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Corrections Jobs and Careers Article


Carol McKinley Corrections in Focus
with Carol McKinley


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Corrections officers: A stress-free life?

According to CareerCast, an internet career site, "correctional officer" was not in the top 20 stressful jobs this year

I was checking out CareerCast's most stressful jobs of 2010, and to my surprise, "correctional officer" was not in the top 20. Maybe even more amazing were the jobs that are on the list, including real estate agent, advertising executive and public relations officer. I'll bet many of you would beg to differ.

In fact, a C.O. who read the article was so astounded that his job was not considered, he decided to educate CareerCast and its readers with some choice comments. Here's what the anonymous commenter said: "A correctional officer's job is often considered dangerous with inmate confrontations in many injuries and death. C.O.'s are expected to control their emotions...respect and nurture. Yet discipline prisoners who have an us-against-them mentality."

Prison employees have a double stress whammy which doesn't compare to many other jobs. Unlike a police officer or an EMT, you are inside the facility throughout your entire shift, compounding the pressure.

"There is no escape or reprieve to the outside world," explains psychologist Marissa Mauro. "You're dealing with crisis situations like fighting among inmates, suicide attempts, suicide ideation, attempted homicide, medical emergencies, personal threats and prison lock downs." On top of this, it's still tough to admit you need to see a shrink, as this is seen as a sign of weakness instead of as a sign of strength.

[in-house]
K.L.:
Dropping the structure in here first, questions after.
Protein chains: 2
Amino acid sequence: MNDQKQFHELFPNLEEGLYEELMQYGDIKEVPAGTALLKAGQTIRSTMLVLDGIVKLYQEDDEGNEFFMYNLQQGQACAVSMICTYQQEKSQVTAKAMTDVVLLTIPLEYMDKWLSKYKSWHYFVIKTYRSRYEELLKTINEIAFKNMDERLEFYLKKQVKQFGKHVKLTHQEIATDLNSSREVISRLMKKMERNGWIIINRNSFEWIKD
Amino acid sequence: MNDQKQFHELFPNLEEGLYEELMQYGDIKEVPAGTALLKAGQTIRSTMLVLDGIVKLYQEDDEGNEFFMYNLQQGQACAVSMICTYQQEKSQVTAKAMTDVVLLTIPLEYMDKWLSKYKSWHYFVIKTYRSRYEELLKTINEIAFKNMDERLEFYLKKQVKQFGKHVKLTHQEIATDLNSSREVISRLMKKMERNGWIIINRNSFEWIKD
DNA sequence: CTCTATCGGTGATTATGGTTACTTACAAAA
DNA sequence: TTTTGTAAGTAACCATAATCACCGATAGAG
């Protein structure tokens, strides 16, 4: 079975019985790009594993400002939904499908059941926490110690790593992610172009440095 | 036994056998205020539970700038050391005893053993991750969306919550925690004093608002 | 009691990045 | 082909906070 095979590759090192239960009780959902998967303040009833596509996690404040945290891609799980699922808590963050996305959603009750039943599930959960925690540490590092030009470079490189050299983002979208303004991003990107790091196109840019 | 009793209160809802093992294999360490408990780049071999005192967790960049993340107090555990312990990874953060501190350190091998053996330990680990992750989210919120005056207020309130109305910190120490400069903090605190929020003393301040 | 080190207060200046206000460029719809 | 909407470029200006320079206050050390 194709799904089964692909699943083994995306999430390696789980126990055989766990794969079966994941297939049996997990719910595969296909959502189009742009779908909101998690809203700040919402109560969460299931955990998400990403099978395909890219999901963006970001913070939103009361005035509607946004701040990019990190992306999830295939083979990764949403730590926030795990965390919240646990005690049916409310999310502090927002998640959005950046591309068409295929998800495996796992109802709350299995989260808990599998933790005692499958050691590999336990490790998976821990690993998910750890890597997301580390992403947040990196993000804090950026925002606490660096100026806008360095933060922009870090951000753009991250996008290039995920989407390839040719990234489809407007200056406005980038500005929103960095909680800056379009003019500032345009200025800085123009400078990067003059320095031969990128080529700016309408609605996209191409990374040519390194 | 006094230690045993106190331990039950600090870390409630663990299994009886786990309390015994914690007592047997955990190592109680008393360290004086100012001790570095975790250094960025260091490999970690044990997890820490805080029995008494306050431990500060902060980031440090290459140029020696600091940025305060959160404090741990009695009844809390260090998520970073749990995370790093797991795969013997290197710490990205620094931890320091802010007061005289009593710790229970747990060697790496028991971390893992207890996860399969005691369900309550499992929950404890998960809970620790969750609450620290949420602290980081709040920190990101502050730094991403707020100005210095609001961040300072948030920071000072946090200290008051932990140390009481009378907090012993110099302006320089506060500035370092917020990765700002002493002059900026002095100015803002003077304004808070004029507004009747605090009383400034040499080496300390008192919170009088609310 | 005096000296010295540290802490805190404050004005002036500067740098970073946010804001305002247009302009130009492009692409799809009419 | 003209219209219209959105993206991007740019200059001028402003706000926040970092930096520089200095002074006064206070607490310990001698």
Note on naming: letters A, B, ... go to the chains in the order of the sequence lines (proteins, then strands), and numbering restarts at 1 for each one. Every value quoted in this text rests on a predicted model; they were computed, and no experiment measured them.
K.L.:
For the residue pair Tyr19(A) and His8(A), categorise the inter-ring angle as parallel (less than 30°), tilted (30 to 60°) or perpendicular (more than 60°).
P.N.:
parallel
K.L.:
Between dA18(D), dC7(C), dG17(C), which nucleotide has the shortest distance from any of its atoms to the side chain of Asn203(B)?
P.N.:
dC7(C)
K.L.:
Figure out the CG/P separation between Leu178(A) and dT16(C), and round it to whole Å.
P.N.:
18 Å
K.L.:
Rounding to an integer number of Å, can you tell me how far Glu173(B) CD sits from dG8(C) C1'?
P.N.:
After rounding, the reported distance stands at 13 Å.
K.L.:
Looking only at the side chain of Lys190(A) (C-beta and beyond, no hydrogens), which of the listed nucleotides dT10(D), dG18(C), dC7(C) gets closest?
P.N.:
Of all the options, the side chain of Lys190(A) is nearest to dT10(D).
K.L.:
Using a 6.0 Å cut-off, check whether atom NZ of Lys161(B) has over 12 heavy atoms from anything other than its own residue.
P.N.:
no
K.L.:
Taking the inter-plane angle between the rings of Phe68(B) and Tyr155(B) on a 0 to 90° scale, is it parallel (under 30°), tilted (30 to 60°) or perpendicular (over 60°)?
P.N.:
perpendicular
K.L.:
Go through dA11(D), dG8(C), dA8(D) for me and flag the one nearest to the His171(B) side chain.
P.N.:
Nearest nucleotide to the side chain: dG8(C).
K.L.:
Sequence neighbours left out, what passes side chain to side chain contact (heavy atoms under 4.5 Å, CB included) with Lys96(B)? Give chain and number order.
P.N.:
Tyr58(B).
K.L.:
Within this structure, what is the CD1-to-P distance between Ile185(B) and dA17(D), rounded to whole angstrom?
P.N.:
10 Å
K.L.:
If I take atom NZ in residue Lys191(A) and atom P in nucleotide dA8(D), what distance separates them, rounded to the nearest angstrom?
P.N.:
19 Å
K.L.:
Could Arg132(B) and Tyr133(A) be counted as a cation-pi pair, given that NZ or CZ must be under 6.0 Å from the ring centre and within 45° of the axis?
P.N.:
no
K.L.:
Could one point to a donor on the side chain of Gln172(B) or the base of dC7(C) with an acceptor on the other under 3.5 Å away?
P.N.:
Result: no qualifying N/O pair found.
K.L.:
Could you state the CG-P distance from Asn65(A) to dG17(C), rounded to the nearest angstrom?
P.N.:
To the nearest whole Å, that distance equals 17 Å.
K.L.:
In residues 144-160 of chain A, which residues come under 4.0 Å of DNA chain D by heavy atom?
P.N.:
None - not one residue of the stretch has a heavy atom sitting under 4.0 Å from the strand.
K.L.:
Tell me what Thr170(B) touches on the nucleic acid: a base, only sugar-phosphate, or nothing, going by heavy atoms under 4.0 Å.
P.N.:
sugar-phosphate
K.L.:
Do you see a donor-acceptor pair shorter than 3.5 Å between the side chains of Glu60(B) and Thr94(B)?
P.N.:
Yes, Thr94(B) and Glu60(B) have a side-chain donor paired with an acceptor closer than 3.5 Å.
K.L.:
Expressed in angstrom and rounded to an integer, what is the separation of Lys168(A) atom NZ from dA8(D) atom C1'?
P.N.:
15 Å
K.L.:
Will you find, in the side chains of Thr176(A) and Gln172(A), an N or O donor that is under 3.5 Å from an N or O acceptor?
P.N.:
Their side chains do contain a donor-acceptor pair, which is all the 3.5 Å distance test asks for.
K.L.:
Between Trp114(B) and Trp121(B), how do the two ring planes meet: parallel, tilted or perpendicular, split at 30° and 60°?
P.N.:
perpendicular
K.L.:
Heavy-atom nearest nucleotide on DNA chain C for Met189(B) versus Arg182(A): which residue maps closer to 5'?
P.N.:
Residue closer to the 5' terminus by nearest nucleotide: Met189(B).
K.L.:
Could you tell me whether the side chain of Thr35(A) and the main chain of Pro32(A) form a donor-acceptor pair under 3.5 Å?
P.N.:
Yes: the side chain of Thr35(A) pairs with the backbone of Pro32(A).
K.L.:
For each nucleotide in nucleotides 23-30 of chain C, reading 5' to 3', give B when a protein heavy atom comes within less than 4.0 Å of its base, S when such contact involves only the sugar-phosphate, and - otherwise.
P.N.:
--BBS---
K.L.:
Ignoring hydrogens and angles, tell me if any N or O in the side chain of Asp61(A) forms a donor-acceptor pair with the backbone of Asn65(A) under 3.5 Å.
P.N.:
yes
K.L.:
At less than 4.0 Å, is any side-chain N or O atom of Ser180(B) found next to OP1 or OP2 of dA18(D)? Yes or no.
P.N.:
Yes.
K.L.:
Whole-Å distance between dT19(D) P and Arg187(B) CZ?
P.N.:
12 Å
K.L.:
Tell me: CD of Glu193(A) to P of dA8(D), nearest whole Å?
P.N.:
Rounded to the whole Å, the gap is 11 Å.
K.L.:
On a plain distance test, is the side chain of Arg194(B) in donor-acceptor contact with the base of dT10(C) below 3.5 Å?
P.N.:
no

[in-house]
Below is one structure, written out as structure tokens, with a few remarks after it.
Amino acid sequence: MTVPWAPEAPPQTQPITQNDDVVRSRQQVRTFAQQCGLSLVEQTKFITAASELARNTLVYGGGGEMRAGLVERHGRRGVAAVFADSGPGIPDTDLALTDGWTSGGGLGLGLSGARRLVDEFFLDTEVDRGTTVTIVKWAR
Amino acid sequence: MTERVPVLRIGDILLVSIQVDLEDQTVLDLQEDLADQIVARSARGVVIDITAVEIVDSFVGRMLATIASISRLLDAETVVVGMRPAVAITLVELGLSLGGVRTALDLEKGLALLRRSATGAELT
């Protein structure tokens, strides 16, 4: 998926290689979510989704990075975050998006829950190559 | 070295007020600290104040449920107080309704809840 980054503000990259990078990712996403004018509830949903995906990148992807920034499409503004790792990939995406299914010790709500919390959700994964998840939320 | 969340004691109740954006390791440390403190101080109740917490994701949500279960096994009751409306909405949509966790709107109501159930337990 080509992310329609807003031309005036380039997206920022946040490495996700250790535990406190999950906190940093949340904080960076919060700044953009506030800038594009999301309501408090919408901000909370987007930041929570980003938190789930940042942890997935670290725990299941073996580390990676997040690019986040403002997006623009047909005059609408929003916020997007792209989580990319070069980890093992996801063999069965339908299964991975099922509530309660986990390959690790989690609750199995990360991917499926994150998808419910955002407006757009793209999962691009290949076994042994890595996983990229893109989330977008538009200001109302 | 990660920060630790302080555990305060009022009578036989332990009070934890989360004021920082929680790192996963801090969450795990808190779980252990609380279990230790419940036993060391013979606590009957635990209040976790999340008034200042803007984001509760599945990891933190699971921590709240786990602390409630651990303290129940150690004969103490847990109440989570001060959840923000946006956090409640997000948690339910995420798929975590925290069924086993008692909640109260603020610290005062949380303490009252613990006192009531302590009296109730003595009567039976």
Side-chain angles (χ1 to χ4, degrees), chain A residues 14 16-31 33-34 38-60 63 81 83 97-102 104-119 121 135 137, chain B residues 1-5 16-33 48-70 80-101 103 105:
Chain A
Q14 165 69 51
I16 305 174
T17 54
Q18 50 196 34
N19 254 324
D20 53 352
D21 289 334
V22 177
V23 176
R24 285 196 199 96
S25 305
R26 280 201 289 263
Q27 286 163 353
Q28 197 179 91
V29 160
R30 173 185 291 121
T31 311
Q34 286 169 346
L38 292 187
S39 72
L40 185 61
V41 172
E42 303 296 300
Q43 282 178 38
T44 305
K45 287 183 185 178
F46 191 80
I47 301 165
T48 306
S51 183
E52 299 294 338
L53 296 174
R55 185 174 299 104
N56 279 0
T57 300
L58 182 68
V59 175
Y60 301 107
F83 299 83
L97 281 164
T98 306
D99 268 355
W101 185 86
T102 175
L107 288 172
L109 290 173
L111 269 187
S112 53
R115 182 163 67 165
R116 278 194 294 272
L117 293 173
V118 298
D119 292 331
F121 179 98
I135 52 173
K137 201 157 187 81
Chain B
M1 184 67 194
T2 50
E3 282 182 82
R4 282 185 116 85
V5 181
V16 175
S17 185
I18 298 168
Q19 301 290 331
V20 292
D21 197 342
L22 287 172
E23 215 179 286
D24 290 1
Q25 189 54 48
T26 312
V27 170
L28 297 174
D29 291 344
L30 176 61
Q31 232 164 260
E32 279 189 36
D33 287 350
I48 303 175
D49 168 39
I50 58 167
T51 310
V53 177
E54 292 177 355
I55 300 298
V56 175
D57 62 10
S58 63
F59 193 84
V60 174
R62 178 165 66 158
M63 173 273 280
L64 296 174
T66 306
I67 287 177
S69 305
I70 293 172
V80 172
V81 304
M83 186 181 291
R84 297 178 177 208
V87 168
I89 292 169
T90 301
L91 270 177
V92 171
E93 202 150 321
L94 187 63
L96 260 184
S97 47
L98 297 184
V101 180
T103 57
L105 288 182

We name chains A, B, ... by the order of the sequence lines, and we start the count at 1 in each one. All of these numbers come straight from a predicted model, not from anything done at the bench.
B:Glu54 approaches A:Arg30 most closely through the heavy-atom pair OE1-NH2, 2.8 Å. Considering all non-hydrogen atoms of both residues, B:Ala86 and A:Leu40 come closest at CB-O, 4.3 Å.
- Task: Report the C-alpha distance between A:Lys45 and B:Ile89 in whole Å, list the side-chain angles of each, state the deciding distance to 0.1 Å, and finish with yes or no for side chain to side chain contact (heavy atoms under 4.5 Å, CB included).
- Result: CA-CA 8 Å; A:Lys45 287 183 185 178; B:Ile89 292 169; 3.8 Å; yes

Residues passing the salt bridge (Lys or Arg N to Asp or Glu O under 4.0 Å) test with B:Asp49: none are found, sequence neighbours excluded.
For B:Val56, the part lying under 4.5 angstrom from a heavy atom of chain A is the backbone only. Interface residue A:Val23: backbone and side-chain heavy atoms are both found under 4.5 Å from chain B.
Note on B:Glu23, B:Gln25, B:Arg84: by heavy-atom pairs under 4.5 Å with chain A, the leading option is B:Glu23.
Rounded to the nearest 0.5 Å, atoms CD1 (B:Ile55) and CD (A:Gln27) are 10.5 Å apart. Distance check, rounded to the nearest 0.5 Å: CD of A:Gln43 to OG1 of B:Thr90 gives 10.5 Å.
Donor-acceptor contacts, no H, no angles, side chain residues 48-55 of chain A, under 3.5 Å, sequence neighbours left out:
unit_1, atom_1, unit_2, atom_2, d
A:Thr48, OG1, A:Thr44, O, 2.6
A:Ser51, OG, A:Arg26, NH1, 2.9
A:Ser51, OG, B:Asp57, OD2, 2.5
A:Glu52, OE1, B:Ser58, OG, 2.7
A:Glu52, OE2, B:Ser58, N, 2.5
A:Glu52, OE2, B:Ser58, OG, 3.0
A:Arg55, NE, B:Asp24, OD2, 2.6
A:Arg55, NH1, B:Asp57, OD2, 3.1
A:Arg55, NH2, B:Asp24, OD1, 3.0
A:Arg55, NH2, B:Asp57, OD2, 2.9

Mauro says she often refers C.O.'s who come to her with mental health concerns to a civilian therapist. Get over being embarrassed about it. Or the job will eat you up, she said.

Manny Borquez, a former Western Region union leader sees therapy as a must if you're having psychological problems associated with the job. Years ago, he was on the front lines fighting for change in mental health policy.

His issue? Borquez believed it was imperative that a C.O. with mental health issues, should be compensated for seeing both therapists outside the prison as well as for seeking help fromstaff psychologists. He was always skeptical seeing counselors employed by the prison, he says, "...because you always felt the inside guys were gonna tell on ya." It was Borquez who fought and broke that glass ceiling by convincing the Regional Director that prison staff should have a choice of therapists. "That way, more people actually went for help!" he says.

Borquez had a terrifying experience himself as a young C.O. just starting out. One fateful day, he was ordered to make a medical run during a freezing storm. He knew the driving conditions were going to be bad, and told his supervisors he didn't think he should make the trip on the icy roads; but, no one would listen to him.